Thursday, 5 April 2007

Ohio Supreme Court ruling grants discretion

Ohio Supreme Court ruling grants discretion to trial court judges in applying post-conviction DNA testing law: Ohio Supreme Court's 6-1 ruling yesterday in the non-capital case of Ohio v. Bueler is here (14-page pdf). Summary prepared by the OSC Public Info Office is here (1-page text). AP has this report.
AP excerpts:
A trial court can decide when a prison inmate applies for DNA testing whether prosecutors must determine if DNA evidence is available or whether the inmate must first show that negative results would likely overturn a conviction, the Ohio Supreme Court ruled Wednesday.

The 6-1 decision means trial courts can apply parts of a state law allowing post-conviction DNA testing for certain inmates differently depending on the facts of each case.
The ruling was made in the case of inmate Paul Buehler, whose application for DNA testing was denied in Cuyahoga County Common Pleas Court without prosecutors determining whether genetic material from the crime scene was still available for testing. The judge ruled that Buehler first had to show a negative test result would have led to his acquittal, and the court decided DNA testing could not disprove prosecutors' arguments at trial about his involvement in the 1985 bludgeoning death of Joan O'Brien.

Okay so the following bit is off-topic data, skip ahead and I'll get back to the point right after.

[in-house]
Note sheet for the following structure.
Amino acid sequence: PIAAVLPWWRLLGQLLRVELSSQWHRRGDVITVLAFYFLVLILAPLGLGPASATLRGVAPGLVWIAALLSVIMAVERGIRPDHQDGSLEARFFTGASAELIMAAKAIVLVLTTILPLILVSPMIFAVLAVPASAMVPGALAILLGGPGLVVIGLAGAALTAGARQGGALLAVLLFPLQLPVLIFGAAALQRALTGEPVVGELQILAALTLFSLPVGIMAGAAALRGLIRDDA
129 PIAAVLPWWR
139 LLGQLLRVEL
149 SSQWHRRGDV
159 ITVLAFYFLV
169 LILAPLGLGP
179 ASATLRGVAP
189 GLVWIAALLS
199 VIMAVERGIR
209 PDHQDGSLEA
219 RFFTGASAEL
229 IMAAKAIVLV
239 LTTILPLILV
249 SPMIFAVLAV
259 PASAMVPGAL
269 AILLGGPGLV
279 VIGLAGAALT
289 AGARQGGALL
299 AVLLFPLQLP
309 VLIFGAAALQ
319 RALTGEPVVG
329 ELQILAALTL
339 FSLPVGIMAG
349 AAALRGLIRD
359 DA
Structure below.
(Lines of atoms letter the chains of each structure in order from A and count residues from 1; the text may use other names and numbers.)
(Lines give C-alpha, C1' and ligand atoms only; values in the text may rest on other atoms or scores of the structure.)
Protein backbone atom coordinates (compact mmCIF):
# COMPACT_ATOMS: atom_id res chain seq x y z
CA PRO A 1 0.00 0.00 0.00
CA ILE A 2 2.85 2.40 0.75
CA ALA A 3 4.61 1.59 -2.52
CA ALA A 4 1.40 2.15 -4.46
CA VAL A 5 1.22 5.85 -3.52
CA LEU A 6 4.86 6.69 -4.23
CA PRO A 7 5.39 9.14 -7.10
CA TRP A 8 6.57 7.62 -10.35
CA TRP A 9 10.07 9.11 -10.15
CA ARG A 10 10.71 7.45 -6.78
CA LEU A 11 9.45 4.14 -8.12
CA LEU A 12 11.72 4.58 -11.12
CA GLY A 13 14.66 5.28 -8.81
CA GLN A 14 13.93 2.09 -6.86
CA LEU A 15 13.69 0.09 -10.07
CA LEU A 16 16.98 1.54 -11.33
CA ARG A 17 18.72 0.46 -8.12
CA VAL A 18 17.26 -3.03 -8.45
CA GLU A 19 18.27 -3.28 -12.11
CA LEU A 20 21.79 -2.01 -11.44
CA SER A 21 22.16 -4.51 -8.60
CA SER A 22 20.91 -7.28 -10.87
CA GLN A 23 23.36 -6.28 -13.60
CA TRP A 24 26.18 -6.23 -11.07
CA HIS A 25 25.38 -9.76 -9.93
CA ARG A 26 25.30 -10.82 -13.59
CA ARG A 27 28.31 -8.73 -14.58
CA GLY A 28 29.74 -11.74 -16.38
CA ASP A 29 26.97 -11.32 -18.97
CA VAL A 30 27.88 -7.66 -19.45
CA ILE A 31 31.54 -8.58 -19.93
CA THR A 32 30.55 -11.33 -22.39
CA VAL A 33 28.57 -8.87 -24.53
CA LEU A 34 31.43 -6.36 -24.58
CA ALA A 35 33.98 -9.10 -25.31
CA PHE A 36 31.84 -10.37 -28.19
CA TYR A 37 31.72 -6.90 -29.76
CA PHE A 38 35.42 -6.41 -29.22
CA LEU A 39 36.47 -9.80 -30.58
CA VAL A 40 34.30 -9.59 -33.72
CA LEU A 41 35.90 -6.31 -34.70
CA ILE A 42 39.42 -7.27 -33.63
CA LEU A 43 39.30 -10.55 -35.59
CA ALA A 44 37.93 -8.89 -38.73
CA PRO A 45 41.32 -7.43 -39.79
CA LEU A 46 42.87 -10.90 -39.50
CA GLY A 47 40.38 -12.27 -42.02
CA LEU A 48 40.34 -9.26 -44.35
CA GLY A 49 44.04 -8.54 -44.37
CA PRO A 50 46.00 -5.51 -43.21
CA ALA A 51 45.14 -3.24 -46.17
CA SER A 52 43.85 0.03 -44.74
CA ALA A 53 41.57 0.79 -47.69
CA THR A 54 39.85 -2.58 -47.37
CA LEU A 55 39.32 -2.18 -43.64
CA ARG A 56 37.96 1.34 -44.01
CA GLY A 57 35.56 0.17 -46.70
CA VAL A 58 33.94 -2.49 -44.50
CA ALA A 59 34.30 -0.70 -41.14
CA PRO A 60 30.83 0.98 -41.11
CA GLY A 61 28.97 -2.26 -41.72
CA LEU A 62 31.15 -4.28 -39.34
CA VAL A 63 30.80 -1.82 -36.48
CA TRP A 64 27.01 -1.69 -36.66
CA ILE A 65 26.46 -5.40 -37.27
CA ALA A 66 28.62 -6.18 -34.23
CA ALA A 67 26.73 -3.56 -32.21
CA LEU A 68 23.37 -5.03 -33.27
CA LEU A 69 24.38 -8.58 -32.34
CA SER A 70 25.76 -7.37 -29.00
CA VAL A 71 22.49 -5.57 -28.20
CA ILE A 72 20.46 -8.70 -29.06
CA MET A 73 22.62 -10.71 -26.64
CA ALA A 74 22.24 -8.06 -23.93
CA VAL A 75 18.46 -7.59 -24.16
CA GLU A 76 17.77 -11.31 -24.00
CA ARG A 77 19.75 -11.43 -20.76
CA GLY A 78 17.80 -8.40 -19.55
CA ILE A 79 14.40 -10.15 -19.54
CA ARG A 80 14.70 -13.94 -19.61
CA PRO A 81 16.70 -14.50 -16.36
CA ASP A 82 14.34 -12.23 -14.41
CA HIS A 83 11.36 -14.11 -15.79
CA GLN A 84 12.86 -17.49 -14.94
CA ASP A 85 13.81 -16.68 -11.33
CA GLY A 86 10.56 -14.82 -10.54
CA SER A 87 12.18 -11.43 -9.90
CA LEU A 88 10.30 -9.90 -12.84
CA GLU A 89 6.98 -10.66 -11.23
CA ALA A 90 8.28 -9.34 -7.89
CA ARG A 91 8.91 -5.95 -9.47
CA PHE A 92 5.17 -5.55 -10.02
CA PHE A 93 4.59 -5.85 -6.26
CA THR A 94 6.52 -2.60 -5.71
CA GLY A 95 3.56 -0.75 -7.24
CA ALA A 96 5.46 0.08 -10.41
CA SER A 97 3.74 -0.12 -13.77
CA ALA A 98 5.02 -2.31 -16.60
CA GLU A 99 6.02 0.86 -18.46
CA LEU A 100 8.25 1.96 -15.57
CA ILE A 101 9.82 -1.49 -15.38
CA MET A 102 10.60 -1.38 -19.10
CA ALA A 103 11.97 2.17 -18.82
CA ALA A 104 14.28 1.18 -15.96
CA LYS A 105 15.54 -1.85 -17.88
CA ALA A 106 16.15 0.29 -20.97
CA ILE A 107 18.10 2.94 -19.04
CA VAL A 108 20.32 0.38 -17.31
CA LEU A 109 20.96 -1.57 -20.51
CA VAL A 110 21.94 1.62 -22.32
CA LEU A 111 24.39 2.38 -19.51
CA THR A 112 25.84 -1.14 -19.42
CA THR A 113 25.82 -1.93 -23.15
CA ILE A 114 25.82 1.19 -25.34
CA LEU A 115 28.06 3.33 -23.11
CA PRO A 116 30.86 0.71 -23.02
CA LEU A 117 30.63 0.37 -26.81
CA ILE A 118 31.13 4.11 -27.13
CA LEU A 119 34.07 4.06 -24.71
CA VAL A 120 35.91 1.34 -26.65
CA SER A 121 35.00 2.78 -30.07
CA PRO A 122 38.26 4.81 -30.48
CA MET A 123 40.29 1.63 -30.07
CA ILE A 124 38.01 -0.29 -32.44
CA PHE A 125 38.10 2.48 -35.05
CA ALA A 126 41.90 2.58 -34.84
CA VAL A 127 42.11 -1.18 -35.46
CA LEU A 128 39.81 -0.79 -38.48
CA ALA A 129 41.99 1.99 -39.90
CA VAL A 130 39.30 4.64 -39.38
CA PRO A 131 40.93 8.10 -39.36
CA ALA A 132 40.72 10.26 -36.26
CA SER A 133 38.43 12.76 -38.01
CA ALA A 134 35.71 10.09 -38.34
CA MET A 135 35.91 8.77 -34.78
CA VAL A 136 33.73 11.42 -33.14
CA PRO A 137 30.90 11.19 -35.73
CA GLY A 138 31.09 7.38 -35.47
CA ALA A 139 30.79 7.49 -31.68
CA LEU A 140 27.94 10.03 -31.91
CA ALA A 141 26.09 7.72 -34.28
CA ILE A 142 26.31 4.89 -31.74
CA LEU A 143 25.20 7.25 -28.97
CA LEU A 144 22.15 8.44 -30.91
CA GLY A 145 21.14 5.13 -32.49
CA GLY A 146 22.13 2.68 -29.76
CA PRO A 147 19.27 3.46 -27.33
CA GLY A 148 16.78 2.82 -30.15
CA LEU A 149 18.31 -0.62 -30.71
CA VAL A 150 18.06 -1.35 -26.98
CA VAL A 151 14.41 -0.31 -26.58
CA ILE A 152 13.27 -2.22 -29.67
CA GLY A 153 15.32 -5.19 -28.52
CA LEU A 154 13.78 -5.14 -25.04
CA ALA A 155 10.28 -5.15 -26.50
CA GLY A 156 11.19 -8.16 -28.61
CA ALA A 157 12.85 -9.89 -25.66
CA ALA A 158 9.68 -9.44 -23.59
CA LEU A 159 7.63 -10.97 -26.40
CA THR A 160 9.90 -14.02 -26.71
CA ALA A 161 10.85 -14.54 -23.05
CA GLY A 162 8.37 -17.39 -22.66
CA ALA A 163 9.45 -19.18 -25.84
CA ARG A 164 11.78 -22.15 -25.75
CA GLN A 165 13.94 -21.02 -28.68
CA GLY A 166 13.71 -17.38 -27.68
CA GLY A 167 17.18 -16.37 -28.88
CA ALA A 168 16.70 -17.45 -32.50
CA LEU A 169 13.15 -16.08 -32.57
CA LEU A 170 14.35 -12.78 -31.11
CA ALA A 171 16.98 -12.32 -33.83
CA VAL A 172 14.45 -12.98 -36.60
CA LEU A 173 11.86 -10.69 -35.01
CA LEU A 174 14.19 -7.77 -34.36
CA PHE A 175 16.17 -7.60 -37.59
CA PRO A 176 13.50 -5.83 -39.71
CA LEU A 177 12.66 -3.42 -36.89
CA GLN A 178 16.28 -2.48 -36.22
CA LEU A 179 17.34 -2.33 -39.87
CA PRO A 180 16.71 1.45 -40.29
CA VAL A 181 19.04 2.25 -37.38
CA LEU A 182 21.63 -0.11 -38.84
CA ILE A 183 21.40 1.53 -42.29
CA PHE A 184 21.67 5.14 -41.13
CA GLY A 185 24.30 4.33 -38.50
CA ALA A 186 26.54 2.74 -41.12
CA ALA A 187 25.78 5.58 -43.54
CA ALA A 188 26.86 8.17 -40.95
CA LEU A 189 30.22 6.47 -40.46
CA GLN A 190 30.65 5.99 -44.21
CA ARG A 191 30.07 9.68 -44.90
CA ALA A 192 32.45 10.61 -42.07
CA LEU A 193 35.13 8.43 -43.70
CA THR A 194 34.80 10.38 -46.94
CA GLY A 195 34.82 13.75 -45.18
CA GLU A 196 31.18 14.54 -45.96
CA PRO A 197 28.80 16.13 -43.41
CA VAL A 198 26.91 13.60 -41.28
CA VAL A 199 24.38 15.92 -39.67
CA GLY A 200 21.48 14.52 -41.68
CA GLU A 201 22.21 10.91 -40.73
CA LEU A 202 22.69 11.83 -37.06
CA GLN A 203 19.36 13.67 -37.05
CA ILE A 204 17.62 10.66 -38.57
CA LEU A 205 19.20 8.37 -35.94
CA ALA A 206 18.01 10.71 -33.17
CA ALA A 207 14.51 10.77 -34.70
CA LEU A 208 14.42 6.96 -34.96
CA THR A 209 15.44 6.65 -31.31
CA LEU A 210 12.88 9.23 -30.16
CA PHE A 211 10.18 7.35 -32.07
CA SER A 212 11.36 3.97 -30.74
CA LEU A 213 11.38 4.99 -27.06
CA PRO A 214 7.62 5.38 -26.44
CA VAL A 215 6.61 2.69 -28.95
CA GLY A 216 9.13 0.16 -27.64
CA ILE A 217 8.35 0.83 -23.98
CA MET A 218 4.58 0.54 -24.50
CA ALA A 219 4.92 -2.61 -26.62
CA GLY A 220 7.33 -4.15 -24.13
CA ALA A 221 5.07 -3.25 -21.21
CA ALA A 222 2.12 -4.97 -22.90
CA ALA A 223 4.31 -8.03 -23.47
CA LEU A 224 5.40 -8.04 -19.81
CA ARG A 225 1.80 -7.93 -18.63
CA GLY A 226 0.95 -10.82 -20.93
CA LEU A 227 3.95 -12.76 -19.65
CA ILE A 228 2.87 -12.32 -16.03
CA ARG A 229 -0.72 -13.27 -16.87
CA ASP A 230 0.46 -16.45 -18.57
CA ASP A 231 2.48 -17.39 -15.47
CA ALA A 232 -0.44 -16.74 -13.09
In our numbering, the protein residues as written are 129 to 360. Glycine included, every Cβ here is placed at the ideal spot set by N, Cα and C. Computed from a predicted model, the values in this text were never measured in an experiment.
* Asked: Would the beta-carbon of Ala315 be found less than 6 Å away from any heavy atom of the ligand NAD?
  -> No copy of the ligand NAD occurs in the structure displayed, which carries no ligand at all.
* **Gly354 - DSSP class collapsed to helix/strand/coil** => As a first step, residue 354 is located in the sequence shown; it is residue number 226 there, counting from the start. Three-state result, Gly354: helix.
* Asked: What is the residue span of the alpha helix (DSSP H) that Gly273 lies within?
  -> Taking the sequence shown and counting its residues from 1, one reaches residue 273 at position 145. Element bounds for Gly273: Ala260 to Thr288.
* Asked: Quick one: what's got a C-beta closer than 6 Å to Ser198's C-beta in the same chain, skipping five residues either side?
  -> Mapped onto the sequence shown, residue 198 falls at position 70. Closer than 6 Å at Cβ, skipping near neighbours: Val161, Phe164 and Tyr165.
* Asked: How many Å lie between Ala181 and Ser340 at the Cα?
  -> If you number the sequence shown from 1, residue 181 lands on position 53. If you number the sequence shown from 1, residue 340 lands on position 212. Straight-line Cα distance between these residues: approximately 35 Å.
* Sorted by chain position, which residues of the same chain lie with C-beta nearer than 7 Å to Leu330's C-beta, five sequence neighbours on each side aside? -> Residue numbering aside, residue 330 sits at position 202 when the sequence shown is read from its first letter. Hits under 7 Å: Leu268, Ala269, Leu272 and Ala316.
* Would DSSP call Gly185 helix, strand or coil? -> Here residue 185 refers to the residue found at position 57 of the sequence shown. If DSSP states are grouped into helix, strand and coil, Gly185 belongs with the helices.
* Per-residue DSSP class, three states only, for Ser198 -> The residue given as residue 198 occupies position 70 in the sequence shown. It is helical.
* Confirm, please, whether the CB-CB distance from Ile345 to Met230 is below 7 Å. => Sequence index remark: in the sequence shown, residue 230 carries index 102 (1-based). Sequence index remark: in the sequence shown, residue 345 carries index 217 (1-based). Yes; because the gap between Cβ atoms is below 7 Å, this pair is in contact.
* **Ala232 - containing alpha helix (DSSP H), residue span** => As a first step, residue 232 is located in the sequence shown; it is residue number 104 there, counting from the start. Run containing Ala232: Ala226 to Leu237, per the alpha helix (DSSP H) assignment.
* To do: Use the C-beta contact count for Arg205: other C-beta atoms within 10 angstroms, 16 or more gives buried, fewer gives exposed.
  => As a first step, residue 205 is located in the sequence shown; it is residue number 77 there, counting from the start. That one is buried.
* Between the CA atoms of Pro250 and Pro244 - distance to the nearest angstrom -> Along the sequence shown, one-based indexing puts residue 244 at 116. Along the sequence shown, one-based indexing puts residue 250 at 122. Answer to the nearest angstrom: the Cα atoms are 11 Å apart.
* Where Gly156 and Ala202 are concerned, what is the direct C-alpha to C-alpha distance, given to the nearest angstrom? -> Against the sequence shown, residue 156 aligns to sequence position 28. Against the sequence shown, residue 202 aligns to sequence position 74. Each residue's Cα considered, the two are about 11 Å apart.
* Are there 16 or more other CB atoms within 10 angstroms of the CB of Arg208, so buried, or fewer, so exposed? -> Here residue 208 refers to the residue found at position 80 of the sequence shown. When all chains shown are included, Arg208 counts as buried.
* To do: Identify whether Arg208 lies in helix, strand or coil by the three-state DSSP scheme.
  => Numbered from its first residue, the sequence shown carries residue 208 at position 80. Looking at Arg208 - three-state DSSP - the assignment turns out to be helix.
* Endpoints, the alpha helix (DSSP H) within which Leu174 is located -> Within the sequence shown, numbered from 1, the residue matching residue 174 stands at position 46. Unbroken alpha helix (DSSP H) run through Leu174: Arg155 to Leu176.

...Trial courts can ultimately grant inmates' applications for DNA testing only if they show a strong probability they would have been acquitted with a negative result.

In some cases, inmates would have difficulty showing whether the DNA testing would make a difference without knowing what evidence the state has, said Katherine Szudy, assistant state public defender.

"The major repercussions will be that the trial court has a lot more discretion to decide what cases will be allowed to continue in terms of DNA testing," she said.

Mark Godsey, director of the University of Cincinnati-based Ohio Innocence Project, said the law school group has handled cases where searches by prosecutors have turned up more DNA evidence than they believed they had.

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